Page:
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  • One of the original developers of XPilot told us he feels adamantly that we're betraying the spirit of the GPL by charging for the app

    Tell him Richard Fucking Stallman [] says "we encourage people who redistribute free software to charge as much as they wish or can"

    I (personally) congratulate you on the release of your game, and want to know when it'll be available for Android. :)

  • Not only does it not say you can't charge, it actually specifically says you can "charge a fee for the physical act of transferring a copy, and you may at your option offer warranty protection in exchange for a fee". Which means that that original developer doesn't understand (didn't read?) the license he was using. Which unfortunately seems rather common, so "spirit of the license" and "preference of the community" might well not be the same.

  • If you're having a disagreement with the copyright holder, just make sure you ALWAYS comply with EVERYTHING the GPL requires, since GPLv2 is terminated when violated, and the copyright holder might not be willing to forgive you. In particular, one oft-forgotten requirement is that "you conspicuously and appropriately publish on each copy an appropriate copyright notice and disclaimer of warranty; keep intact all the notices that refer to this License and to the absence of any warranty; and give any other r

    • Also, just a factual question: Can people use modified versions of this software on their iPhones? Or is it Tivoized?
      • by SeanCier ( 12804 )
        Yes, people can run modified versions, with a caveat (which isn't under our control). Apply doesn't allow /anybody/ to deploy code to any non-jailbroken iPhones unless they're a registered developer. So, any registered developer can run modified copies of our code on their phone, and anybody else can run a modified version in the iPhone simulator.
    • by SeanCier ( 12804 )
      Very true -- I believe we do comply, but I'd be appreciative if anybody points out problems. The clause you quote in particular is referring to distributing the GPL as part of the source code (rather than the binary), and we definitely do that.

      "You may copy and distribute verbatim copies of the Program's source code as you receive it, in any medium, provided that you conspicuously and appropriately publish on each copy an appropriate copyright notice and disclaimer of warranty; keep intact all the notices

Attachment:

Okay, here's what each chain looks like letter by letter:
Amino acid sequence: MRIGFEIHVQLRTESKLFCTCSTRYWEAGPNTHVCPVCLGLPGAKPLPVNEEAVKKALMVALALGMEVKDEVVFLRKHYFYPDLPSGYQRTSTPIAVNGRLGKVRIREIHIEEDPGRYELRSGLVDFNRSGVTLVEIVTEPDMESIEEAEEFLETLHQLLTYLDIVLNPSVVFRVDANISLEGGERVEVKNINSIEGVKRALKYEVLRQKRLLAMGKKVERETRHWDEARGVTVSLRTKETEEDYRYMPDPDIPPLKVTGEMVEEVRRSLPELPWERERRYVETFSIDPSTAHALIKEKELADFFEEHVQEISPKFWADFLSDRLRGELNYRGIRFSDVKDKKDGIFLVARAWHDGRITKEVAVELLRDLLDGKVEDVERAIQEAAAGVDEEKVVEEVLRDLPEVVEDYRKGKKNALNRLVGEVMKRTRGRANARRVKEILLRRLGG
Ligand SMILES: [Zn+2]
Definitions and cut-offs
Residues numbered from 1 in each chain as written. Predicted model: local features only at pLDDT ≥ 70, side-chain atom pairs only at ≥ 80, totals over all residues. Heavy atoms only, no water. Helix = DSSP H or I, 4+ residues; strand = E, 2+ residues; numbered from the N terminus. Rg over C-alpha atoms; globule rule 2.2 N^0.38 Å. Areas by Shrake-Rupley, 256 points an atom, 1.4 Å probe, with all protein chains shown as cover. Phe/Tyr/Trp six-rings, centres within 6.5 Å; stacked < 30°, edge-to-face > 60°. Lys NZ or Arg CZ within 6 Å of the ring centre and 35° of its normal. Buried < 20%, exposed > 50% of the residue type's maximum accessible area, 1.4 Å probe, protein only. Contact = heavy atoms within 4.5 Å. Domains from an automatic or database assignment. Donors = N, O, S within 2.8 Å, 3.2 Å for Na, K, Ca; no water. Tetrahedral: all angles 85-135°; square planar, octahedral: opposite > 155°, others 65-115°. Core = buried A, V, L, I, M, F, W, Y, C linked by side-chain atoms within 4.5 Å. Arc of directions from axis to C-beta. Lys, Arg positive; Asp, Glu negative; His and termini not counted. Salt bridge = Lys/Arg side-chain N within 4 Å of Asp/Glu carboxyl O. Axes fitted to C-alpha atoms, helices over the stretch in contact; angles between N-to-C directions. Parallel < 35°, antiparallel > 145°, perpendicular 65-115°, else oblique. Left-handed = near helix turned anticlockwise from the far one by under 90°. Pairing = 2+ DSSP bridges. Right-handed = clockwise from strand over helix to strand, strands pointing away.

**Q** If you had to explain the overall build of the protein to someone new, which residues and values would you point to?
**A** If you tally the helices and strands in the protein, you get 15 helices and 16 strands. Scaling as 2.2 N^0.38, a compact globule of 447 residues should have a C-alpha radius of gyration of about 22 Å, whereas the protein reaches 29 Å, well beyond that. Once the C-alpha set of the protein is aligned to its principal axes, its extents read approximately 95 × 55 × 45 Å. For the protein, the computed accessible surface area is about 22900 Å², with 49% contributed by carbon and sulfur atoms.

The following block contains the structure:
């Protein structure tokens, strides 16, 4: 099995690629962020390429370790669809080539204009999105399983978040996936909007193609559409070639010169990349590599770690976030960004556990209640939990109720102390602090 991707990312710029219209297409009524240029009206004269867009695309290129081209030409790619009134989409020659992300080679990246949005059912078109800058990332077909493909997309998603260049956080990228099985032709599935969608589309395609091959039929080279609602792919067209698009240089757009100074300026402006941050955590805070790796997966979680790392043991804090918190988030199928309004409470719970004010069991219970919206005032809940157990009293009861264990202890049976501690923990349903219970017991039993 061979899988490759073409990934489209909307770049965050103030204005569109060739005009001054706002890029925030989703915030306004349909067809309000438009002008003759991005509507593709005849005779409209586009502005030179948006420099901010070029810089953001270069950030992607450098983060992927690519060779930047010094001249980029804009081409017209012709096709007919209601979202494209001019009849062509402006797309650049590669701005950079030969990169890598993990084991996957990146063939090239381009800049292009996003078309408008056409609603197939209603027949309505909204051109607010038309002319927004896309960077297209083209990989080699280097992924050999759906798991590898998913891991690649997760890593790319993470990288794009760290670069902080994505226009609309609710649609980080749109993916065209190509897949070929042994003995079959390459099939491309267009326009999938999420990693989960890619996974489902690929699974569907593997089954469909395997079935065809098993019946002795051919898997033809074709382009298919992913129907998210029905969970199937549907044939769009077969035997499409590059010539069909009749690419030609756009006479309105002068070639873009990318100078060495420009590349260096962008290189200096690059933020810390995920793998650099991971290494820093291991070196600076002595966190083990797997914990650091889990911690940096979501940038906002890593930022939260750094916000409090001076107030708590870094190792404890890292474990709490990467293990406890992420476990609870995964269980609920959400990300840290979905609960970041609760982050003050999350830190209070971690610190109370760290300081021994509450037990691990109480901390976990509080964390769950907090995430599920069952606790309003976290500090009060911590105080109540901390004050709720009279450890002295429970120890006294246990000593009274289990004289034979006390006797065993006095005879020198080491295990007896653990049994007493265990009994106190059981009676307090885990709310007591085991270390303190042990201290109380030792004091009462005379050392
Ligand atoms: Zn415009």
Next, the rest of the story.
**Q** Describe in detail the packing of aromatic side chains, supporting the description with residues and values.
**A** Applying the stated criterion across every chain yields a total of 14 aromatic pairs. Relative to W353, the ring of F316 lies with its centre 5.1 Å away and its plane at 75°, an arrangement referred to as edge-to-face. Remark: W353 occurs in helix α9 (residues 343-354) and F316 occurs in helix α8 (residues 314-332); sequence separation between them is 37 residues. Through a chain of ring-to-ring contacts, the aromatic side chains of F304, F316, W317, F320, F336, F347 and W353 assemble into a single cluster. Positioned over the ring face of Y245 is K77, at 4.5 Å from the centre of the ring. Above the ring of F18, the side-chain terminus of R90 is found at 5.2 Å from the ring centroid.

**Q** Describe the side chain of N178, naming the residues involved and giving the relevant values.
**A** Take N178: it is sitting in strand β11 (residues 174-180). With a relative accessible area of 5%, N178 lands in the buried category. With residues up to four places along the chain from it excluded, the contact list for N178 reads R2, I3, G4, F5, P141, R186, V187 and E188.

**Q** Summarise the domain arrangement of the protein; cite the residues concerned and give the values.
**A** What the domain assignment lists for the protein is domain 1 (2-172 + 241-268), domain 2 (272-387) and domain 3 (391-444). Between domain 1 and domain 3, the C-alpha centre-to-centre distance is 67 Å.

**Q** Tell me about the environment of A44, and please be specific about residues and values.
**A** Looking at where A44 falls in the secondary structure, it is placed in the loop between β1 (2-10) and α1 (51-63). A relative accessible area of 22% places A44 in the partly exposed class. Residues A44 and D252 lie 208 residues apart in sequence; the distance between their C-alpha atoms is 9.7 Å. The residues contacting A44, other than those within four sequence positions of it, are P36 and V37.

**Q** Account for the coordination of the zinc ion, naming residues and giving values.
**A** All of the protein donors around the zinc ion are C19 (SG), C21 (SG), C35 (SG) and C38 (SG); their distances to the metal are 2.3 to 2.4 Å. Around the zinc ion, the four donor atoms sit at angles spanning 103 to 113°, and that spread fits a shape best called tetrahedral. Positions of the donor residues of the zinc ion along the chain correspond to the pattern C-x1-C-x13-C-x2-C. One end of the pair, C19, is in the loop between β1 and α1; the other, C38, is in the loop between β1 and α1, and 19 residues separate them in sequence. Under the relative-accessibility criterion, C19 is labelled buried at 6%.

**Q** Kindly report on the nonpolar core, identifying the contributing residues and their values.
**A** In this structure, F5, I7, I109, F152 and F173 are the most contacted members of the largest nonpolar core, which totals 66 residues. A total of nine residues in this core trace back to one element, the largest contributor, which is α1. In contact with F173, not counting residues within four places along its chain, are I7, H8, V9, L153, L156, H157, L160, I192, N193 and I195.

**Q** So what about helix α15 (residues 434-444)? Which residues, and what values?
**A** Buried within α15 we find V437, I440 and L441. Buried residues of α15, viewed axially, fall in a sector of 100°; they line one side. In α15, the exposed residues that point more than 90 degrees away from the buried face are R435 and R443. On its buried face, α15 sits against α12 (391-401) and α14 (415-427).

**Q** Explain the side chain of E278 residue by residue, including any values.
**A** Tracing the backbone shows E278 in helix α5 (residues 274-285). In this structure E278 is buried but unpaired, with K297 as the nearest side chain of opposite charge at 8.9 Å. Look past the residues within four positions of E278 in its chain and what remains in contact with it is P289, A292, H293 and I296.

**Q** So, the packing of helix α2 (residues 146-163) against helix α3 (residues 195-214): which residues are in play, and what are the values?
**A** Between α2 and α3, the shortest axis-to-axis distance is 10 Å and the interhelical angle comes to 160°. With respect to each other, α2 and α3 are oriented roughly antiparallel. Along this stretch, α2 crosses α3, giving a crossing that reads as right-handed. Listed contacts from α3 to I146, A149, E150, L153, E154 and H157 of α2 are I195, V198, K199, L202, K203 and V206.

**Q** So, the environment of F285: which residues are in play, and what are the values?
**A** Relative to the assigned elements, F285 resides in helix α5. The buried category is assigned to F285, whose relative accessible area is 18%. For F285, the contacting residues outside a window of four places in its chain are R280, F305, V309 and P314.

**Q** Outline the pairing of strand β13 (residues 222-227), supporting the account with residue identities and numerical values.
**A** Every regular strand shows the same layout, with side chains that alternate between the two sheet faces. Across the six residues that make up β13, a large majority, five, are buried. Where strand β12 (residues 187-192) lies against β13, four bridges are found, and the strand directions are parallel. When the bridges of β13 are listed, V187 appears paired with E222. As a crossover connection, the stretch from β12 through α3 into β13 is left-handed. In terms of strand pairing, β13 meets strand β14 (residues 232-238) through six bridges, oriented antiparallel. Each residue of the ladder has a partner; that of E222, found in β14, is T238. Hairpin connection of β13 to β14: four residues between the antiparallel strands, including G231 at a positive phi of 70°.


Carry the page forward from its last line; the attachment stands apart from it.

• The quoted section applies to binaries too:

        3. You may copy and distribute the Program (or a work based on it, under Section 2) in object code or executable form under the terms of Sections 1 and 2 above provided that you also do one of the following . . .

  • Not only are you completely in the spirit of open source, you aren't trying to prevent people from that haven't purchased your binary from getting source.

    If anything the original developer is wrong about the spirit of the license. Keep doing what you are doing.

  • I have to say that *usually*, when something is GPL'd, I think the binaries should be provided for the same cost as the code itself. If you're selling a product, the code should only be available to the people who purchased it (at least, from you directly). I dislike people who take code that isn't theirs, compile it, and charge people for their "service". The whole X-Chat Win32 binary thing comes back to mind...

    Now, I certainly know the license well enough to admit that it isn't required to give binaries f

  • Becuase your corresponding source cannot be run on the platform for which the binaries are distributed, you are engaging in tivoization (made famous by TiVo), which means that the device (iPhone) won't allow people to use modified copies, even though, legally, they are allowed to. In order for a modified copy to run, it must be approved by Apple. While this does not technically violate the letter of GPLv2 (though I would argue it violates the spirit of it), it does violate the GPLv3 -- the GPLv3 has a cla
    • In other words, you are in violation both the spirit of the GPL

      This gets into interesting philosophical discussions about whether the "spirit" of a license is determined by the content of the license itself or by the pronouncements of the organization that wrote the license.

      and the letter of the GPLv3 not by charging (that's allowed and encouraged), but by publishing on a platform that does not allow modifications.


      If you convey an object code work under this section in, or with, or specifically for use in, a User Product, and the conveying occurs as part of a transaction in which the right of possession and use of the User Product is transferred to the recipient in perpetuity or for a fixed term (regard

They are relatively good but absolutely terrible. -- Alan Kay, commenting on Apollos